The Devil Has a Microphone


television vintage“It’s my life!” a teenager rants. “Then, turning to the talk show host he explains, “That is why I should have the right to kill my parents. They are interfering with my right to live as I choose.”

The first part of the statement is as par for the adolescent course as oily skin and moodiness. Wanting to kill for impeding freedom, however, is insane. Rather than booking this fictional guest on a talk show, the deranged child would be whisked off to intensive therapy.

Yet Melissa Harris-Perry of MSNBC announced on her program that she supports the murder of living, newborn children. She did so without becoming labeled dangerously insane. According to her, life begins when the parents feel like life begins and this can be after a child is born. Harris-Perry would like choice to move beyond the womb, insisting that life begins when parents determine it begins.

She was quoted by RealNews24 as stating, “When does life begin? I submit the answer depends an awful lot on the feeling of the parents. A powerful feeling — but not science.” Harris-Perry said that to nationwide astonishment on her July 21 MSNBC show.

Crazy? Yet she talks on. And today’s “crazy” becomes tomorrow’s mainstream. The media entertains outlandish opinions as avant-garde or mere curiosities only to have them morph in politically correct. It is the devil’s game plan. Through the medium of television, the devil got ahold of the cultural microphone and bends our ears. And souls.

Remember Donahue, the longest running syndicated talk show in television history with its 29-year on-air reign? In 1967, Phil Donahue changed the face of daytime TV as the host of an audience-participation talk format. He earned many prestigious accolades including 20 Emmy Awards. TV Guide named Donahue one of the Greatest Television Shows of All Time.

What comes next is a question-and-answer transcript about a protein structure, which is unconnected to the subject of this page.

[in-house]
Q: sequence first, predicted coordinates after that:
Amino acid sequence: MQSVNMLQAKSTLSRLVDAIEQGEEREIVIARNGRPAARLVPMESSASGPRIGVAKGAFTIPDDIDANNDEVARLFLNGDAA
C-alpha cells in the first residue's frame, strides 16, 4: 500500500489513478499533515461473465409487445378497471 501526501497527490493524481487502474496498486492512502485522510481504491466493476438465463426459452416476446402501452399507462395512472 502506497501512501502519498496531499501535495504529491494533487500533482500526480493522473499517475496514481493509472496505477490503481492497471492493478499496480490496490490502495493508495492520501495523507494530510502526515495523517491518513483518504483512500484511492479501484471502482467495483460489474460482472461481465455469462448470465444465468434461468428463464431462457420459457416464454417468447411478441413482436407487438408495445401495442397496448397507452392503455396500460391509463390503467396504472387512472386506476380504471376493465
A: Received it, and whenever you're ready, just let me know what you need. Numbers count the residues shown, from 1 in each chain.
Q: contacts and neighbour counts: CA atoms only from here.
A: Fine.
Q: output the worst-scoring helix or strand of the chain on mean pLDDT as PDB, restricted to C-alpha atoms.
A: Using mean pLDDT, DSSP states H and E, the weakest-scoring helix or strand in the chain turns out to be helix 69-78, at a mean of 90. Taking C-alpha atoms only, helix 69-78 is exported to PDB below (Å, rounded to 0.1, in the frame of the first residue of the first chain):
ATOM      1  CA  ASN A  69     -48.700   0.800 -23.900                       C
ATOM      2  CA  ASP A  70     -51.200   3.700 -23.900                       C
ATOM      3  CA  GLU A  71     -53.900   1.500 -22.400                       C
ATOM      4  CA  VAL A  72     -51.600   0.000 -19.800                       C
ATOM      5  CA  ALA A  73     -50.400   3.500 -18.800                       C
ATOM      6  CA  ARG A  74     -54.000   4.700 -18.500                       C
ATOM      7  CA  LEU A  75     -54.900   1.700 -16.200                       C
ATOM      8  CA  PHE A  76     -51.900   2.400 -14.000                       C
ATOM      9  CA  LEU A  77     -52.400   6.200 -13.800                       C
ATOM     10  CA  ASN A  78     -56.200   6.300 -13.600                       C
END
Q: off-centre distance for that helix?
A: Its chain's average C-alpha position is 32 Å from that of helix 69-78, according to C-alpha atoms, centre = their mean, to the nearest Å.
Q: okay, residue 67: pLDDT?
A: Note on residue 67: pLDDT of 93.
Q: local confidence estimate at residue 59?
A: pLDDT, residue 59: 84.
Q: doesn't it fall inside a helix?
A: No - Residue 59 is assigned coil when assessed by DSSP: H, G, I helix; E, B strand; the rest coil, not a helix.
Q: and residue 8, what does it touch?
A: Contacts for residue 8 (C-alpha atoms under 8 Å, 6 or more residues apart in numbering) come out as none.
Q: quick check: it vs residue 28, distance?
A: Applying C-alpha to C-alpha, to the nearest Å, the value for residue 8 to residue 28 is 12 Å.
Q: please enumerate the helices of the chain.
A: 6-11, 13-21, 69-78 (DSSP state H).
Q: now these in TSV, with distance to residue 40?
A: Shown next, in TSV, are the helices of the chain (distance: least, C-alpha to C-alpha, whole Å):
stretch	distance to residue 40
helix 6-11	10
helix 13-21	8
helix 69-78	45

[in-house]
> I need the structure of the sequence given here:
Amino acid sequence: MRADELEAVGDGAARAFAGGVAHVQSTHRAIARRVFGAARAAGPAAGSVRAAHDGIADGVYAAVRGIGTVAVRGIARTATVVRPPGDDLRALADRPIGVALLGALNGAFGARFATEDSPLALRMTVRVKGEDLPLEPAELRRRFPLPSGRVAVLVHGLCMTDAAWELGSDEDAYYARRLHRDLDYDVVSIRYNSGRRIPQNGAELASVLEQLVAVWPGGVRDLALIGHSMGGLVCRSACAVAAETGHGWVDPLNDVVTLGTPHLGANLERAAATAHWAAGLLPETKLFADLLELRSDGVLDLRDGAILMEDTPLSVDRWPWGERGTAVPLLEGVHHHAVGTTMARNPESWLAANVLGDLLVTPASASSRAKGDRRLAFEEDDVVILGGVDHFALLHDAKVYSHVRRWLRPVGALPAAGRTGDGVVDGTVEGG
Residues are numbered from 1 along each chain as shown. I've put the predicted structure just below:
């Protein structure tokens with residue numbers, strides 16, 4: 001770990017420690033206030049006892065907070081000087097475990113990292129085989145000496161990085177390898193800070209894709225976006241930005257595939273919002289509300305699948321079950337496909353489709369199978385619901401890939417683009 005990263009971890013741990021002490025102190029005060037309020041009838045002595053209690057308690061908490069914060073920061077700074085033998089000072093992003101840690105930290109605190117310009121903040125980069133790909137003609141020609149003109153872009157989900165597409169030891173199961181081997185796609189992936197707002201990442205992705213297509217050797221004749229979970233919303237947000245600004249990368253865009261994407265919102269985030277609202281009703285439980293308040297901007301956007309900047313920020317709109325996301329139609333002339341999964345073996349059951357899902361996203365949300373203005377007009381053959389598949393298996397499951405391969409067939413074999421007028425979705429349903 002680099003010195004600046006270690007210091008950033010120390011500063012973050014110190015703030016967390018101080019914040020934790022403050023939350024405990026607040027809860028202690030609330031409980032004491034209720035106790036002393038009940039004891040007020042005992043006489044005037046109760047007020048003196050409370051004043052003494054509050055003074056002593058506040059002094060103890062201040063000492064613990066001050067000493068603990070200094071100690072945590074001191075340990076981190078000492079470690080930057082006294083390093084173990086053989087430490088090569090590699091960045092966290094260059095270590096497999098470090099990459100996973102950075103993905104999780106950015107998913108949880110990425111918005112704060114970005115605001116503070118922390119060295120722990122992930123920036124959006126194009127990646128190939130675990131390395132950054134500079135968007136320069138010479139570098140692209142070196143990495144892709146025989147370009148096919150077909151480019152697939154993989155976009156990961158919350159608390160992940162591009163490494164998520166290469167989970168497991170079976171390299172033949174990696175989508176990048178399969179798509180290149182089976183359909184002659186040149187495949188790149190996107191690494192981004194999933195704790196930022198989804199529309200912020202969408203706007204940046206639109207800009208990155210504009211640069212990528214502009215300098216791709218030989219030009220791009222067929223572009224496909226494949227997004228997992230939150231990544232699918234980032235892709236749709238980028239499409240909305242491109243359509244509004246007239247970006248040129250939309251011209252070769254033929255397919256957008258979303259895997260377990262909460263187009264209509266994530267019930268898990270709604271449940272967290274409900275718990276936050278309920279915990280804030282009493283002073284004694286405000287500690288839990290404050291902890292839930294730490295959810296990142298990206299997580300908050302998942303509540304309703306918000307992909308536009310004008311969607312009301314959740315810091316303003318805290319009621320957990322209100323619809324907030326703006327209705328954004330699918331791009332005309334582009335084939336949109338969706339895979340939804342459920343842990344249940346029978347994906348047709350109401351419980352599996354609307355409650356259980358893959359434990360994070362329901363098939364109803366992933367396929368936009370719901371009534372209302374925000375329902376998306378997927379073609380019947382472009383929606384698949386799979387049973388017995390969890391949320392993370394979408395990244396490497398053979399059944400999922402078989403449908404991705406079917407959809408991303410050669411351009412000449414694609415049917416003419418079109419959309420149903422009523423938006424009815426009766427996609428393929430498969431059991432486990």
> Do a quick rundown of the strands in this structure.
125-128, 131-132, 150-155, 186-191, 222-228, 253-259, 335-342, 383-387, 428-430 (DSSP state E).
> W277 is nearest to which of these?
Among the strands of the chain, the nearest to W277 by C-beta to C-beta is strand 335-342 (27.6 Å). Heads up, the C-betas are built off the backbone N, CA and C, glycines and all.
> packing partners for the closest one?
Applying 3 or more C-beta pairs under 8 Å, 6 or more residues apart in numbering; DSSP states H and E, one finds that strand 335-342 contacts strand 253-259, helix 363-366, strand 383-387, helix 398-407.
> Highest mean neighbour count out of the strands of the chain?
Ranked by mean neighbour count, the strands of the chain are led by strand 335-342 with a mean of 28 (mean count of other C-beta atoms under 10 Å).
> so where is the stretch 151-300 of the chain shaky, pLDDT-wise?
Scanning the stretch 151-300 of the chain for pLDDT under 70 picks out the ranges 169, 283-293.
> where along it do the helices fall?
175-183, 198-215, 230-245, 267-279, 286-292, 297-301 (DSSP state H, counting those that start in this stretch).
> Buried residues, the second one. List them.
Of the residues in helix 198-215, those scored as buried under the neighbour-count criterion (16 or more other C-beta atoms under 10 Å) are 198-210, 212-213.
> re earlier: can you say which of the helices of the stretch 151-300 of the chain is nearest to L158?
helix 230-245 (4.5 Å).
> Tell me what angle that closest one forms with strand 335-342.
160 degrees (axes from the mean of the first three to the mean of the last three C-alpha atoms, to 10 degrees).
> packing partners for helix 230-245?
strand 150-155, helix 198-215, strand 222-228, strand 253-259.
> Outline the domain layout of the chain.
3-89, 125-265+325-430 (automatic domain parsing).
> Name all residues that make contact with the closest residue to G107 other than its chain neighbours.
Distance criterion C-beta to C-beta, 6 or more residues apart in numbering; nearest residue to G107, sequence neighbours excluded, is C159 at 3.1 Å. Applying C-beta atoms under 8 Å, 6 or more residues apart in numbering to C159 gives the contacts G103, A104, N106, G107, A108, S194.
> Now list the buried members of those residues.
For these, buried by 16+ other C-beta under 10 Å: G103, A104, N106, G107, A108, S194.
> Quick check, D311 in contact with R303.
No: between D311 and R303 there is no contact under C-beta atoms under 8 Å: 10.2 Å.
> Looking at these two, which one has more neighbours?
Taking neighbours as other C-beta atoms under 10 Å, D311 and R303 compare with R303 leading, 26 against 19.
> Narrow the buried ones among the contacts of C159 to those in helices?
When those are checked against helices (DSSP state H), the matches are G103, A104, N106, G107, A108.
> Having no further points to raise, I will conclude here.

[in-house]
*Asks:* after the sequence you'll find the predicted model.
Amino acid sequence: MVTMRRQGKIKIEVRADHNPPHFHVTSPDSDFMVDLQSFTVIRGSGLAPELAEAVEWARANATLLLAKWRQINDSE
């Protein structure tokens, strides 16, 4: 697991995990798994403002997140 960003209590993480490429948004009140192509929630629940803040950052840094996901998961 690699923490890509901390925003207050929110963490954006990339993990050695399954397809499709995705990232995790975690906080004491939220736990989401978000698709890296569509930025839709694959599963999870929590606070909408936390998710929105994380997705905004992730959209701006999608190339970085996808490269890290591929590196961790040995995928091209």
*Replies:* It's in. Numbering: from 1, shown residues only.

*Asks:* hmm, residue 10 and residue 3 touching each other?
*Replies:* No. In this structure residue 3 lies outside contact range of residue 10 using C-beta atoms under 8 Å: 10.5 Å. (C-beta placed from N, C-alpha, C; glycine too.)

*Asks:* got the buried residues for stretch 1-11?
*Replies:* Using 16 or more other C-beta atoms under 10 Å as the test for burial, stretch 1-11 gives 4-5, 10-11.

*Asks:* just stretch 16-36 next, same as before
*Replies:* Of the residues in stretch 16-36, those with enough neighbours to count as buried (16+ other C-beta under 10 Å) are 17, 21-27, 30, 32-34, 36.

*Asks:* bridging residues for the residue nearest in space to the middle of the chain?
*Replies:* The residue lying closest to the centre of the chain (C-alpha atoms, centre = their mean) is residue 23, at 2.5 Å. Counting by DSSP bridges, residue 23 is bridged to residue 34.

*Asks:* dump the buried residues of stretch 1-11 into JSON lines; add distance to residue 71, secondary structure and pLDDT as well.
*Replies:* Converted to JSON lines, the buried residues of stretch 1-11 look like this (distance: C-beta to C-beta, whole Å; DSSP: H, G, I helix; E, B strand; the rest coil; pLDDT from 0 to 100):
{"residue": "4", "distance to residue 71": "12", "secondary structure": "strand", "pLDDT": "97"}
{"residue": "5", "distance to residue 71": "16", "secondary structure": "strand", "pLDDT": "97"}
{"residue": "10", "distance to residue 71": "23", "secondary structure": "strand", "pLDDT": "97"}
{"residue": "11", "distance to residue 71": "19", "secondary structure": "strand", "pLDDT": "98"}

That media darling was lauded for his groundbreaking interviews, the first of which was with notorious atheists Madelyn Murray O’Hair, the dragon lady who got prayer out of our public schools. Back then, she was a radical anomaly, yet her anti-God claws put our school system into a strangle hold. Today, an atheist is ho-hum average for our culture. Could the fact that Murray O’Hair christened (ironic choice of words) the first big, liberal talk show be symbolic of where things were headed?

For many years I enjoyed watching Donahue, but as my Catholic roots grew deeper, the show began to disturb me. The liberal studio audiences docilely accepted every wacko guest. Increasingly, anyone in the audience with guts enough to voice a Christian opinion, was often ridiculed by Donahue, amid groans from the audience.

I remember clearly the last two programs I watched in 1991. One featured a couple of guests—homosexual men—who spoke about the practice of having parties with men who wore diapers. They would mess their diapers and have others change them—just another fun pastime for some.

The very next show had on a woman who used to be a man before a sex change operation. She was there with her new love interest: another woman. The guest had not just been a woman trapped in a man’s body, but a lesbian woman, attracted to women, but not as a man, as a woman. If you are confused, God bless you. You should be. The confusion of man became talk-show fodder, peddled as just another alternative lifestyle.

The problem is that the devil confused people into thinking sin and perversion—evil—is merely a live-and-let-live venture. The above back-to-back freak shows, were the end of Donahue for me. The glorification of perversion presented by friendly, smiling faces, was more than I could stomach any longer.

Obviously, it’s not just talk shows, but everything from dramas to comedies that have turned morality upside down. But I singled talk shows out here because of the way they sneak sin into our world. It starts out as news and information, so you watch. The person seems nice, so you listen. And even if you don’t agree, you find the person likeable. And so the erosion begins where a pretty face and fast-talking creates a reluctance in people to disagree or condemn. As Christians we need to hone our filters and steel our backbones. It is hard to say homosexuality is a sin because there are so many kind and personable practicing homosexuals. It can be hard to condemn adultery, fornication and all kinds of evil, when people we like and care about are participants.